Chestnut Herbal School

Flowers of the Sun: Helianthus, Sunchokes, and Farmer Ants

Written and Photographed by Juliet Blankespoor

In October most plants are preparing for the impending cold, shunting their energy into their root systems and seeds -and then there are the sunflowers, cheery and bright, gaily obliging the last pollinators of the season.  All 52 species of sunflowers are native to North America and belong to the genus Helianthus in the Asteraceae (Compositae) family. Many are perennials with gorgeous golden blooms, flowering effusively until late fall.  As compared to the familiar annual sunflower (Helianthus annuus) with its gargantuan single flower head, the perennial Helianthus species typically have multiple mini sunflowers, creating a mass of buzzing sunshine.

Maximilian Sunflower (Helianthus maximiliani)

Maximilian Sunflower (Helianthus maximiliani)

These native sunflowers attract beneficial insects to the garden, such as parasitoid wasps and soldier beetles (pictured below in amorous embrace). The seeds also feed many songbirds; my maximilian sunflowers bring beautiful goldfinches to my garden. Some Helianthus species grow quite tall, providing shelter and cover for wildlife.

The maximilian sunflower (Helianthus maximiliani) has become very popular, especially in the southwestern US, as a native wildflower for xeric habitats. It is quite tall, with a tendency to fall over; so many gardeners cut it back mid-summer before it flowers to avoid staking and create more demure flowering branches. Native people ate/eat the roots; I have not tried them, but would love to hear from any readers who have.

Helianthus maximiliani with soldier beetles

Maximilian Sunflower

Maximilian Sunflower

The maximilian sunflower is a fun plant to observe ant/treehopper mutualism; see the photos below of ants “milking” treehopper larvae. Ants “farm” treehoppers similarly to the way they “farm” aphids. The ants protect the treehoppers from predators, and in turn suck up the sweet exudate, or “honeydew”, produced from the leaf-sucking treehoppers.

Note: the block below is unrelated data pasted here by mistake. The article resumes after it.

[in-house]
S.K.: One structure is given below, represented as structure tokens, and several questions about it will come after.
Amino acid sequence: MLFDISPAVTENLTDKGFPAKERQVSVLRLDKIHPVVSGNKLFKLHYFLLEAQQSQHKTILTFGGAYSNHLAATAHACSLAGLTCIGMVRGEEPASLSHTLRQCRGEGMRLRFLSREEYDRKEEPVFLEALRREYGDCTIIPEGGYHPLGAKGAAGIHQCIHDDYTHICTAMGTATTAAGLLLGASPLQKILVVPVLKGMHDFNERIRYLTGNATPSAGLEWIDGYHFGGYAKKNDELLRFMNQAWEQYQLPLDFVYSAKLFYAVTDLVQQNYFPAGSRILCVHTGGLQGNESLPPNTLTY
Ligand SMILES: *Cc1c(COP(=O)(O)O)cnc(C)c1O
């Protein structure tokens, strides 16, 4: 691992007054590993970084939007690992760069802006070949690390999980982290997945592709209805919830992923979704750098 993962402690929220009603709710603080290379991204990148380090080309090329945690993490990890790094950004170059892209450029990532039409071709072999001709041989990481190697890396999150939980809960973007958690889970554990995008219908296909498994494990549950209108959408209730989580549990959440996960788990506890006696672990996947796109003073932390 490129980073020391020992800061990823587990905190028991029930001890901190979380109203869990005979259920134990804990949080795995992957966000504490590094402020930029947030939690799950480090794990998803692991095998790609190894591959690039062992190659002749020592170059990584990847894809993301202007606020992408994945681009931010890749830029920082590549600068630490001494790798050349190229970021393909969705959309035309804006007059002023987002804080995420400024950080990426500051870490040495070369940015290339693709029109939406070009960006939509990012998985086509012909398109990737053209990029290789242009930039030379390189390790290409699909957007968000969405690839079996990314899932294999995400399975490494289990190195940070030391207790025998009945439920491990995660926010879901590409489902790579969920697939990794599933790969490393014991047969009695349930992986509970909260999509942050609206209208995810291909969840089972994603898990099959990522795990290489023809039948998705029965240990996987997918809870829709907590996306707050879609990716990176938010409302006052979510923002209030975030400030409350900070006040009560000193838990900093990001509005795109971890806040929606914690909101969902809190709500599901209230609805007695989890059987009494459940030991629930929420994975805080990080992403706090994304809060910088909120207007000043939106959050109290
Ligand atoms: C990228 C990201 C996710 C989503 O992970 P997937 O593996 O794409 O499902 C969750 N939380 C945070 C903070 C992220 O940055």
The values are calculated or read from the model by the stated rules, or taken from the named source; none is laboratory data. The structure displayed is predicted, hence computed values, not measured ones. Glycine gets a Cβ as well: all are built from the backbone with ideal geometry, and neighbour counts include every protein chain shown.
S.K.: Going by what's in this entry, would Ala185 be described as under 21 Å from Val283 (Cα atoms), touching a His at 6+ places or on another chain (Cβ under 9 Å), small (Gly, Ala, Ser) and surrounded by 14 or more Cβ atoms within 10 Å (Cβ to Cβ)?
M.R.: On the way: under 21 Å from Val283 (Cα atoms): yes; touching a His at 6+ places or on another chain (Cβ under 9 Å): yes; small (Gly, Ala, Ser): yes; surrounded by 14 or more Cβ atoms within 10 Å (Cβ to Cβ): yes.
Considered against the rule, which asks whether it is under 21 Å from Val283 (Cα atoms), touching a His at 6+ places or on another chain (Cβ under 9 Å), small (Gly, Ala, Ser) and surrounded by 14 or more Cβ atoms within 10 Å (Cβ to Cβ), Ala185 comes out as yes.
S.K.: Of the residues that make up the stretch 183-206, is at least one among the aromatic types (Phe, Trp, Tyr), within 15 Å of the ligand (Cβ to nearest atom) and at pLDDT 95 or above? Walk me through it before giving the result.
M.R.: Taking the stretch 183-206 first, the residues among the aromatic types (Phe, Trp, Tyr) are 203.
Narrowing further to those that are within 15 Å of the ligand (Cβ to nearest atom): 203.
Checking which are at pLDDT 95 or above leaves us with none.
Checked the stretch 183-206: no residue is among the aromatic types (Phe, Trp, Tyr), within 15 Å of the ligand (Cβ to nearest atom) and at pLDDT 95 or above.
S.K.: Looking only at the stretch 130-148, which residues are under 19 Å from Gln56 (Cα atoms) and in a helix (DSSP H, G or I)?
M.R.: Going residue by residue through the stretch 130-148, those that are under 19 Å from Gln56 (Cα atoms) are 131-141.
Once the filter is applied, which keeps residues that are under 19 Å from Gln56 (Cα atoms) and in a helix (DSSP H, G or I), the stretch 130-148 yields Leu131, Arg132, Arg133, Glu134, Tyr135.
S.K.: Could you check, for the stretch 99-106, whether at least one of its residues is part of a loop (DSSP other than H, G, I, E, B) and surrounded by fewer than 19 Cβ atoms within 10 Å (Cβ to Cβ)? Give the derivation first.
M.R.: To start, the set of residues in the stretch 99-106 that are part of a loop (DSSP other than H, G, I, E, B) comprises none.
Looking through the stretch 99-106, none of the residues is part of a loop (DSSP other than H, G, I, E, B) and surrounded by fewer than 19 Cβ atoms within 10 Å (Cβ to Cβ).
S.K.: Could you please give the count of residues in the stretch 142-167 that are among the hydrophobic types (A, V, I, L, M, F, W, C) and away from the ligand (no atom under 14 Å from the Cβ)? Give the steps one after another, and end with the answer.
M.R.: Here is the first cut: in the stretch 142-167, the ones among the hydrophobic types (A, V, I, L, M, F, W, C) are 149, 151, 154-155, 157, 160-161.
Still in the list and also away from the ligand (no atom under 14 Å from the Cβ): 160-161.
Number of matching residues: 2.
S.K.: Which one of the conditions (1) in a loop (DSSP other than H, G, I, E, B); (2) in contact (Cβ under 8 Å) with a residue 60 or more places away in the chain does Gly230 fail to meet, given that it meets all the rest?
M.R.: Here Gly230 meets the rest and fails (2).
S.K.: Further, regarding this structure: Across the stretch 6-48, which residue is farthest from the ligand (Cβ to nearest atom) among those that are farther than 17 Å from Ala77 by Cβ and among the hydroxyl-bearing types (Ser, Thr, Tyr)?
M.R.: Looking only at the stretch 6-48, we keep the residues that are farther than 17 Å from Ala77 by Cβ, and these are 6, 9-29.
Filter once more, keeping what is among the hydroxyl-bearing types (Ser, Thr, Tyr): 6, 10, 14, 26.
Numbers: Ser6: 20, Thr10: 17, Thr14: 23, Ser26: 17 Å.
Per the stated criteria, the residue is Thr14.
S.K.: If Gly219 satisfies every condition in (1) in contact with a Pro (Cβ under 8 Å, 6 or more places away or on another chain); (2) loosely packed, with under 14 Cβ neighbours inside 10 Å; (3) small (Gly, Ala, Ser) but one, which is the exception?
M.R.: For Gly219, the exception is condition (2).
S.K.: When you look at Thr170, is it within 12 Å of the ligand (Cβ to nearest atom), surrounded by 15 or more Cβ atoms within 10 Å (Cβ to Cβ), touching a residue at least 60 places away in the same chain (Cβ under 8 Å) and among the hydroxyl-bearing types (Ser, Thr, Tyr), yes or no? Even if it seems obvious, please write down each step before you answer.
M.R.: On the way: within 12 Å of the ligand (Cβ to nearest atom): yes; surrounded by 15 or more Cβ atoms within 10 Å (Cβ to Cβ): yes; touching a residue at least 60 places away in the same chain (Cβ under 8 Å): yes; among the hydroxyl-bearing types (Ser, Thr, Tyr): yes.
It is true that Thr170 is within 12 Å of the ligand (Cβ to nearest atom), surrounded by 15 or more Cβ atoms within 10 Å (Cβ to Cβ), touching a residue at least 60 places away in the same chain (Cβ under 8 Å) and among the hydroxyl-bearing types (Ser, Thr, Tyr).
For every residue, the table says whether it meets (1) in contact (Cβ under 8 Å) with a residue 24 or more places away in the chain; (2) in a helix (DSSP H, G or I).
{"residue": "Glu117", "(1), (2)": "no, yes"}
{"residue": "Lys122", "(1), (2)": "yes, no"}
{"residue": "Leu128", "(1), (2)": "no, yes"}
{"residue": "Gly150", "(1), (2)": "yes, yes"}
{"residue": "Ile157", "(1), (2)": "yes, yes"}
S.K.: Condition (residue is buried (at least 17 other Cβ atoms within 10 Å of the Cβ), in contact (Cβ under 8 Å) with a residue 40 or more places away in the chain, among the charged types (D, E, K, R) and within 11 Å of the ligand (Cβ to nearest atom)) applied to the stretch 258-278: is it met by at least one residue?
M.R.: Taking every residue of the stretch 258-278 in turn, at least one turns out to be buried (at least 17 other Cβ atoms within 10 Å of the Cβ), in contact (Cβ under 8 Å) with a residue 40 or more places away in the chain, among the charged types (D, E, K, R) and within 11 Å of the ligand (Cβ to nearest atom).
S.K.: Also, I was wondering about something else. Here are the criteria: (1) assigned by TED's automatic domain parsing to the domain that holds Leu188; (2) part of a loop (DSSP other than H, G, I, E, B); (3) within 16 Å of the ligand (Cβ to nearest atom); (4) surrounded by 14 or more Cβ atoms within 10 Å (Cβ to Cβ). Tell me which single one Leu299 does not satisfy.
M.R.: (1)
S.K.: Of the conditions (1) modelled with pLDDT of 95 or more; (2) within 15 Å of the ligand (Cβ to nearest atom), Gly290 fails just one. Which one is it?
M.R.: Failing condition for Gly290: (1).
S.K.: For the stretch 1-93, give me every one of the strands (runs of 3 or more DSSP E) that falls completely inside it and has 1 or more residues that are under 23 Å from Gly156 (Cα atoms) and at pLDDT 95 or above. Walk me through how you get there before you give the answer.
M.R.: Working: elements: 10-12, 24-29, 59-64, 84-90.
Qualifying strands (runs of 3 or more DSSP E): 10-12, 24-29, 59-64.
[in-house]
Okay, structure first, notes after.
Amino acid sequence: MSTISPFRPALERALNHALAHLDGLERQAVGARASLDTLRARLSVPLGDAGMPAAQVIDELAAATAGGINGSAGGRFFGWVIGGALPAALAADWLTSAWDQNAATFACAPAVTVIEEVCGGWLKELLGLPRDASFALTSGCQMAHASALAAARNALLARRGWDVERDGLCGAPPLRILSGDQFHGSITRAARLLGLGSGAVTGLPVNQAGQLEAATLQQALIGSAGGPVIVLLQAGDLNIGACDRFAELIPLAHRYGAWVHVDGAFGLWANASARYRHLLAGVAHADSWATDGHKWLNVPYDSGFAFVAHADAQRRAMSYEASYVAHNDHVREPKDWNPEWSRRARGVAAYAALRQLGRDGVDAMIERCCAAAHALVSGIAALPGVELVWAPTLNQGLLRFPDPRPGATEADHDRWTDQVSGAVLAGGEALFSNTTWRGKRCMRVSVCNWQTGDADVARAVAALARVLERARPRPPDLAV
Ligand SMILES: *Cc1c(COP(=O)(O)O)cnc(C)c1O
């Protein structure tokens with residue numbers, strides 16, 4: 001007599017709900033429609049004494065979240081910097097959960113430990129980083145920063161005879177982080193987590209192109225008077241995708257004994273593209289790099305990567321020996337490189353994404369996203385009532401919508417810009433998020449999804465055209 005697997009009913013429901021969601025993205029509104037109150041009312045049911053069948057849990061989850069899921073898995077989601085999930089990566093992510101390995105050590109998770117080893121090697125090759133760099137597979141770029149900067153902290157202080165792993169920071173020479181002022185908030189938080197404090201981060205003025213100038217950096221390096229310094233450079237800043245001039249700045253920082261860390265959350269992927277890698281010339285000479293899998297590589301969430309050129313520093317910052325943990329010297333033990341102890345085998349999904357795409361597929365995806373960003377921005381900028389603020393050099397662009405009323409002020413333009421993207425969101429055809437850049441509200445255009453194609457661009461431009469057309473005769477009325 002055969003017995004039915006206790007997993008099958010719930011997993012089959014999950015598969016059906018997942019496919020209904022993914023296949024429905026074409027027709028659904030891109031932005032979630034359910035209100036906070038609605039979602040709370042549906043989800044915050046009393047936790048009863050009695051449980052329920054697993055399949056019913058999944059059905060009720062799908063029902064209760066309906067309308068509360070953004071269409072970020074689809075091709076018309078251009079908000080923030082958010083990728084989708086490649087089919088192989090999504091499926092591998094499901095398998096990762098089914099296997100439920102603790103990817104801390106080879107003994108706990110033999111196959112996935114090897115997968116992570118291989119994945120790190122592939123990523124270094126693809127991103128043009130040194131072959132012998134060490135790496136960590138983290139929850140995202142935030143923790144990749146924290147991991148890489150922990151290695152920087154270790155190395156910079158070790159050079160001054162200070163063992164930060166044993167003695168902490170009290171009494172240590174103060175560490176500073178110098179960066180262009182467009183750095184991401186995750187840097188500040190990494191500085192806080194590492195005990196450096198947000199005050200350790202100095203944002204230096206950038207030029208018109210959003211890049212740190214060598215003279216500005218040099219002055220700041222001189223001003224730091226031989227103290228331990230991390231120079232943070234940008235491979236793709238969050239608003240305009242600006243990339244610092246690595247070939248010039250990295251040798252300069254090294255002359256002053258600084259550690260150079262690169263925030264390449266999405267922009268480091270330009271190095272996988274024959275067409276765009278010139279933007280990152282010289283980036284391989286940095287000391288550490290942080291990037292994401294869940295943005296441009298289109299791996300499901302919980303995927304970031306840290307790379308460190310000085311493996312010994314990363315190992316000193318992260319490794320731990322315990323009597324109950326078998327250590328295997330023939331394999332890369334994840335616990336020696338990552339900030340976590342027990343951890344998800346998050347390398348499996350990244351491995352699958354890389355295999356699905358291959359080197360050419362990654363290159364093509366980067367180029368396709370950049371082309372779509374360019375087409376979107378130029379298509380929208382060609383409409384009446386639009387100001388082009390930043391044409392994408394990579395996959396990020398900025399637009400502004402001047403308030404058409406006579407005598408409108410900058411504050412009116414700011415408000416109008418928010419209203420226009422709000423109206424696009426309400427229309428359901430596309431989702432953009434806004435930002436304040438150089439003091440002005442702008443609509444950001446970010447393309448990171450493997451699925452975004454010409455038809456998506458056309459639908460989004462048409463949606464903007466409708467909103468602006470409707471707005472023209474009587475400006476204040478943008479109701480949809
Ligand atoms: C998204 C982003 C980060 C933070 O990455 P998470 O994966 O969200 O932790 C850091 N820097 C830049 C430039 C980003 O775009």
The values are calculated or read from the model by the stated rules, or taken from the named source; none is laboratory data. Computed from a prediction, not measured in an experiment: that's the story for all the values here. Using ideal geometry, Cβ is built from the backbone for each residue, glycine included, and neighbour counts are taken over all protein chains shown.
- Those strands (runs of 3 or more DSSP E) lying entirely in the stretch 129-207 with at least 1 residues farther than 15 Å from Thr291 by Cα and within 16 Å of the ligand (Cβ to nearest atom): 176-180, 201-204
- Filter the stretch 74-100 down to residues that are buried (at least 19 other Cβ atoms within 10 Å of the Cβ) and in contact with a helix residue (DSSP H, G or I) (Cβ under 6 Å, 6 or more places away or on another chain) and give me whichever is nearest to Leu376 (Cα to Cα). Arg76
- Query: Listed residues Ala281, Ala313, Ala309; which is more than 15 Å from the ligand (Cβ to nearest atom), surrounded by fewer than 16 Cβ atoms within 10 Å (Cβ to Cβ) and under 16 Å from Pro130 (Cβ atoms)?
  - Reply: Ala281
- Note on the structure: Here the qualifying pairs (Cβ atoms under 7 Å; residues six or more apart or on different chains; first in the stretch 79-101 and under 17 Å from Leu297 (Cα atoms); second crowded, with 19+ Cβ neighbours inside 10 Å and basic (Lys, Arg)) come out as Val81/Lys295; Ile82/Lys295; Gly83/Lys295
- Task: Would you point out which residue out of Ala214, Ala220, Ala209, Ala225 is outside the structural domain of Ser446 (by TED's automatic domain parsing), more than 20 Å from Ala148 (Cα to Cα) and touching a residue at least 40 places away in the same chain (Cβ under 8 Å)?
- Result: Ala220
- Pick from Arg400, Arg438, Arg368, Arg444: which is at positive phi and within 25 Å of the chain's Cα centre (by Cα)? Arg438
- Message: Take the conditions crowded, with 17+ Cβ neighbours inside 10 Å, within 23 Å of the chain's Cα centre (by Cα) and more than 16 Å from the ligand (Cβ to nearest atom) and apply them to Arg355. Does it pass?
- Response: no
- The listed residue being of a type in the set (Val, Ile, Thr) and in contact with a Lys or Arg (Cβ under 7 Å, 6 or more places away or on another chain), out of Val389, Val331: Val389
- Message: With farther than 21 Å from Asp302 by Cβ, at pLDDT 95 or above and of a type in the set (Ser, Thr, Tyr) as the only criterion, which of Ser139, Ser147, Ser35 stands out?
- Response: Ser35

Ants tending to their treehoppers on Maximilian Sunflower

The above photo was taken on the underside of a giant ragweed leaf (Ambrosia trifida, Asteraceae), another choice plant for observing this interesting insect dance. Pictured here are immature treehoppers, as opposed to the mature treehoppers, pictured above.

Swamp sunflower (Helianthus angustifolius) is another popular native perennial sunflower. As its name suggests, it prefers wetter habitats with well-drained soils, but it also thrives in average garden soil. There are shorter cultivars available, or the plants may be cut back as described above.

Swamp Sunflower (Helianthus angustifolius)

Swamp Sunflower (Helianthus angustifolius)

Jerusalem artichoke
(Helianthus tuberosus) is a native sunflower with edible tubers. Its name certainly doesn’t sound American, but not to worry, it does have excellent family values and likes to dominate its surroundings.

When the first Europeans came to North America, they learned about this edible sunflower from the Native people, and promptly brought it back to Europe. Plant breeders selected for larger tubers with less nooks and crannies (the better to catch gritty dirt with, my dear). The Italian word for sunflower is girasole; you can imagine how, over time, girasole artichoke slowly permutated into Jerusalem artichoke.

Anyhow, these Euro-improved varieties are now commonly grown all over the world as an ornamental perennial vegetable. They can easily take over –just  give them room to do their thing, and no one gets hurt.